Caroline's Wedding

by Edwidge Danticat

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Eric Abrahams

Eric is Caroline’s fiancé, whom she meets while working as a teacher in a school where he is a janitor. He is originally from the Bahamas, and Ma disapproves of him because he is not Haitian. Eric has a learning disability and is slow of speech. Though Ma calls him a “retard,” Grace knows that he has a good heart and sincerely cares for Caroline.

Carl Azile

See Papa

Caroline Azile

Caroline is the younger daughter of Hermine and Carl Azile and the sister of Grace. She was born in the United States and has most assimilated the ways of her adopted country. Caroline was born with a missing forearm, due to a drug that was injected into her pregnant mother after a sweatshop raid. Caroline’s wedding to Eric is the incident that incites the cross-cultural and cross-generational conflict between her and Ma. Caroline avoids direct confrontation with Ma, reacting to Ma’s hostility to her marriage with a mixture of long-suffering tolerance, irritation, and small deceptions, such as pretending to sleep at home before her wedding when she is really sleeping with Eric. Caroline and her mother achieve reconciliation when Caroline feels ill before her wedding. Ma gives her a bath and rubs her body with a traditional Haitian herbal concoction, which revives her. The episode involves Caroline surrendering to her mother’s love and wisdom, something that she has resisted previously. Caroline acknowledges the connection made by sending her mother a bunch of red roses, which carries the symbolism of the color red (used in the story variously to suggest Haiti, the violence and suffering of Haiti’s past, and life itself) and the symbolism of Sor Rose, the mythological founder of Haiti.

Grace Azile

Grace, whose full name is Gracina, is the protagonist and narrator. She is the eldest daughter of Hermine and Carl Azile (known in the story as Ma and Papa) and the sister of Caroline. While Grace was born in Haiti, at the story’s opening, she has just obtained U.S. citizenship. In the cross-cultural and cross-generational conflict between Ma and Caroline, Grace acts as a mediator, since she remains connected to her native culture (Haiti) and her adopted culture (the United States). She has a strong sense of the importance of Haitian tradition and becomes disturbed when she can no longer answer the ritualistic questions asked by her father in her dream. She seeks, and finds, the answers by asking Ma, an episode that affirms the central role of the mother-daughter relationship in sustaining cultural identity and community.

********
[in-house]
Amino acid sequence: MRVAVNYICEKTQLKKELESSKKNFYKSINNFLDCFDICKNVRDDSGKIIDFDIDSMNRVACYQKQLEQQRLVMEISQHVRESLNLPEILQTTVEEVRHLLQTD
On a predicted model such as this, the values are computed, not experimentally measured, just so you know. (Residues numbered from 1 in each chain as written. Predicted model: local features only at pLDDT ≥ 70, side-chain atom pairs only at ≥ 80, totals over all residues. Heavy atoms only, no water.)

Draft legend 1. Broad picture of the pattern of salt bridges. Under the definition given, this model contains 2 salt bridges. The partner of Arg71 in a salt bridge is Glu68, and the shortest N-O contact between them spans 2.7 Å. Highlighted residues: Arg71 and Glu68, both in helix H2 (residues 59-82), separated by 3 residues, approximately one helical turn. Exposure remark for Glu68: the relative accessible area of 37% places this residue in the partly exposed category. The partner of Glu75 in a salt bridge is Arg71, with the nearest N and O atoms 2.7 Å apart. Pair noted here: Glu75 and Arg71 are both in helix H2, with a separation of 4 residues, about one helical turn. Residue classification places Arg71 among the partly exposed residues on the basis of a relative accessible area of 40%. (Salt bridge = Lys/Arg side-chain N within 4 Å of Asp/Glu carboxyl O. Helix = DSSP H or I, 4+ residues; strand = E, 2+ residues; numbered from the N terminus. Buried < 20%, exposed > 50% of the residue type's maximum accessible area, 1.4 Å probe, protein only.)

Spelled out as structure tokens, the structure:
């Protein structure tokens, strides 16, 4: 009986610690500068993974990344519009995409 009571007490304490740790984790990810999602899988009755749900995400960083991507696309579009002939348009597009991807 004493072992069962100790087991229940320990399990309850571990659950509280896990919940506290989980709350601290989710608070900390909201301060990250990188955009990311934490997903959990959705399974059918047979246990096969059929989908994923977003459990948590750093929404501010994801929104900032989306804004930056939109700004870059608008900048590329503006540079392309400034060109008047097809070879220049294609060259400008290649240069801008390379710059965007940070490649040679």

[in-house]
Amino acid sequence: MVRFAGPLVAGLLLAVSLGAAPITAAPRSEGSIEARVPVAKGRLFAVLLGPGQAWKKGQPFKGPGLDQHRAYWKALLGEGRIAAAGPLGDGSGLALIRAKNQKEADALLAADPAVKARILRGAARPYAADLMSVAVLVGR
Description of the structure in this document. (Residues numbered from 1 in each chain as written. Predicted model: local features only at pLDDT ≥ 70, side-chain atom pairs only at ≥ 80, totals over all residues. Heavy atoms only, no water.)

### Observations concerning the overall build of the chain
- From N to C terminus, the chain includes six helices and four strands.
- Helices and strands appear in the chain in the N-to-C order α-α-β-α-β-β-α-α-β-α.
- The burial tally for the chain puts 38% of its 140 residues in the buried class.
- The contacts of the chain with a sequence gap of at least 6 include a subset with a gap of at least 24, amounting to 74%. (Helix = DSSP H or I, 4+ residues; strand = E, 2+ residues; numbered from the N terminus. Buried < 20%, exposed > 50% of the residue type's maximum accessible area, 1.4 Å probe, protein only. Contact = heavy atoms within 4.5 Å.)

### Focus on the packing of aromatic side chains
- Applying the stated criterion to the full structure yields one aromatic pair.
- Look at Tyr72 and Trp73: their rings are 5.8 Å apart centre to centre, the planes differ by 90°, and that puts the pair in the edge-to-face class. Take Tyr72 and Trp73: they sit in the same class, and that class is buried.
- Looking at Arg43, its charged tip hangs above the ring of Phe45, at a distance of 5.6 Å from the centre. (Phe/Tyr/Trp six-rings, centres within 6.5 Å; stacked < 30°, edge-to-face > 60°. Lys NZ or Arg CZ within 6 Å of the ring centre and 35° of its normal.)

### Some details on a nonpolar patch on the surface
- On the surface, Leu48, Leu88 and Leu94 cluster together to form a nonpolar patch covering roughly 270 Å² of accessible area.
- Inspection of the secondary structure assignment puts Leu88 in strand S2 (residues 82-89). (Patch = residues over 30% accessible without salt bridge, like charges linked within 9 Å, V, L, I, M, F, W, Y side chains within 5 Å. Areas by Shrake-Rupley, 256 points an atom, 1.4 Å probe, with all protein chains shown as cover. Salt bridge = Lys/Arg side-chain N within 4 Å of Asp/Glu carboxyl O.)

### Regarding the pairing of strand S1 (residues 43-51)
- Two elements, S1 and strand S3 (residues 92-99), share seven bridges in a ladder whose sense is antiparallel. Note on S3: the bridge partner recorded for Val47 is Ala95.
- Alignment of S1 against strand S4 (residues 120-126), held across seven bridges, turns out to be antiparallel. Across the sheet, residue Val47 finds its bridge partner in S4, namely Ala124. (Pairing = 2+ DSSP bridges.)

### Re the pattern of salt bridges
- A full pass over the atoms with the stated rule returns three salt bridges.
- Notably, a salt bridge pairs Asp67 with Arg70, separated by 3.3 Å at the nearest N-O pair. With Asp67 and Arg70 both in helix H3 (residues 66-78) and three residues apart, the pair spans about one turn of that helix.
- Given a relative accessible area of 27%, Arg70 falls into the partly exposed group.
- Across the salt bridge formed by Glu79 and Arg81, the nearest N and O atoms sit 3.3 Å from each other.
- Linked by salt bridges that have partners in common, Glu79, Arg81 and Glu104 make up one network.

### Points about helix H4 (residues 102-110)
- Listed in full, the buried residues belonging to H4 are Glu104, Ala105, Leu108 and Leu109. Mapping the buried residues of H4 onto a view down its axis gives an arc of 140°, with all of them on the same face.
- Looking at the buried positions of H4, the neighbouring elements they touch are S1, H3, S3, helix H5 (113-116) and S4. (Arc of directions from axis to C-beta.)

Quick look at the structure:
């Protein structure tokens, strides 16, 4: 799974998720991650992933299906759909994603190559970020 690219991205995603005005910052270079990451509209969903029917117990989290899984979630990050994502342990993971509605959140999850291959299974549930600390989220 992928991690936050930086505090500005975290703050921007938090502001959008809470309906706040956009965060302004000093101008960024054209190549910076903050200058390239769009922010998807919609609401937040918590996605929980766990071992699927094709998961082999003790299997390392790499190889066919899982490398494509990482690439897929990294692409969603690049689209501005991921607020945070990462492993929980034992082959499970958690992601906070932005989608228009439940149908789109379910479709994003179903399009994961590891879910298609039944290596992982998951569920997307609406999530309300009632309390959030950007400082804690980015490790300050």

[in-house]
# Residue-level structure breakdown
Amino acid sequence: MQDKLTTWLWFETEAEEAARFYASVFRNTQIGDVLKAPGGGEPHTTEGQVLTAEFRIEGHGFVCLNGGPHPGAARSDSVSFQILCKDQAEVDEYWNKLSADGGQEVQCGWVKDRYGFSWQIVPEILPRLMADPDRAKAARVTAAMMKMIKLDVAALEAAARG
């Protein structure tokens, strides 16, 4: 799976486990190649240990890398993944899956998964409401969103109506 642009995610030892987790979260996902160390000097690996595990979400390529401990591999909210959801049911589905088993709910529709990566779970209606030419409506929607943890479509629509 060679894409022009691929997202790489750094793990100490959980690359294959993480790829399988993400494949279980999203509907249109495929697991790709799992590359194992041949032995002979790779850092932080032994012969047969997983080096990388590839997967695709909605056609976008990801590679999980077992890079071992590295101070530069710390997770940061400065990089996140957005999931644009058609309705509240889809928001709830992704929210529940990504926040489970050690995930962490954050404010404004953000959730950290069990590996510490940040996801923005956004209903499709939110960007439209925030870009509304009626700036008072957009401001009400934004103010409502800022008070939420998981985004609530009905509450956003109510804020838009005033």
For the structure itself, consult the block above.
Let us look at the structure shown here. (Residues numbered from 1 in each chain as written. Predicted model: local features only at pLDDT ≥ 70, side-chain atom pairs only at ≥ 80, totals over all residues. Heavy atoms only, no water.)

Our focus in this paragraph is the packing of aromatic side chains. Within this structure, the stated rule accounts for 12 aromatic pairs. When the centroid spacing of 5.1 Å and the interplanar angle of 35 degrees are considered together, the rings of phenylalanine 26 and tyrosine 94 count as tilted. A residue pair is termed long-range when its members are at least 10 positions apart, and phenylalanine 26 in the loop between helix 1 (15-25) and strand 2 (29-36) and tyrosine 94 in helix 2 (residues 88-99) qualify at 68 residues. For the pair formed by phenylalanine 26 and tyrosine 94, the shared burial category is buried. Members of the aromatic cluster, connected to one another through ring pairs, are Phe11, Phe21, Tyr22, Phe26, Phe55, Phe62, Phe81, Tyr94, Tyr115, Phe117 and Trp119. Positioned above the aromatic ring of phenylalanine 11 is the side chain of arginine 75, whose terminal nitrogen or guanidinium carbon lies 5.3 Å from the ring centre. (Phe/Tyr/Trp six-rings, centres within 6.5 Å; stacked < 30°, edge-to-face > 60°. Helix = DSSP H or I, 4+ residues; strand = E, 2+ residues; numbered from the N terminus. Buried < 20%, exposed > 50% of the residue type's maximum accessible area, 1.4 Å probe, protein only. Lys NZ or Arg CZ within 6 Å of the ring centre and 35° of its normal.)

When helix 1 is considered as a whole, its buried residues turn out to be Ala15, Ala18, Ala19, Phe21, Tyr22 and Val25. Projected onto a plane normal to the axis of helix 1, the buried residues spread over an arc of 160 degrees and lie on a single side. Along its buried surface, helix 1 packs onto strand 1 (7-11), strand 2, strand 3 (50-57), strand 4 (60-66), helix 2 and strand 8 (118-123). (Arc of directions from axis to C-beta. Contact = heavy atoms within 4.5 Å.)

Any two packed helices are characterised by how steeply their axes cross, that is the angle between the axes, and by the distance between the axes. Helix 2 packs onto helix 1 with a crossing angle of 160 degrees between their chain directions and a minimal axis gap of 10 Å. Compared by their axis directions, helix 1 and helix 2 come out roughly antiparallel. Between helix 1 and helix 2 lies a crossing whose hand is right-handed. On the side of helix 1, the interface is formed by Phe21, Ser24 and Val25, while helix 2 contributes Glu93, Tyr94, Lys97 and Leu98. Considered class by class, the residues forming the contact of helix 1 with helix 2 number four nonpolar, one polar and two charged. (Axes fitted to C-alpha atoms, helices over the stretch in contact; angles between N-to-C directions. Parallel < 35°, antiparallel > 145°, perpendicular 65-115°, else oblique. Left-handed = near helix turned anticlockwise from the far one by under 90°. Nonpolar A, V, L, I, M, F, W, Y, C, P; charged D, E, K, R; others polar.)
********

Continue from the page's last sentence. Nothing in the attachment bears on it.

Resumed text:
Hermine Azile

See Ma

Ma

Hermine Azile, called Ma, is Grace and Caroline’s mother and the widow of Carl Azile (known as Papa). She is strongly attached to Haiti and its traditions and expects her daughters to feel the same way. Initially, she seems never to have left her native land, as she makes no concessions to her adopted country, the United States. Her own harrowing story emerges over the course of the short story: she was separated from her husband when he immigrated to the United States by entering into a false marriage with a widow. While she waited until she could join her husband, she witnessed his falling out of love with her and never recovers from this grief. In addition, after she finally arrived in the United States and was pregnant with Caroline, she worked in an illegal New York sweatshop, which was raided. She was then injected by a prison doctor with a drug that she believes caused Caroline to be born without a forearm.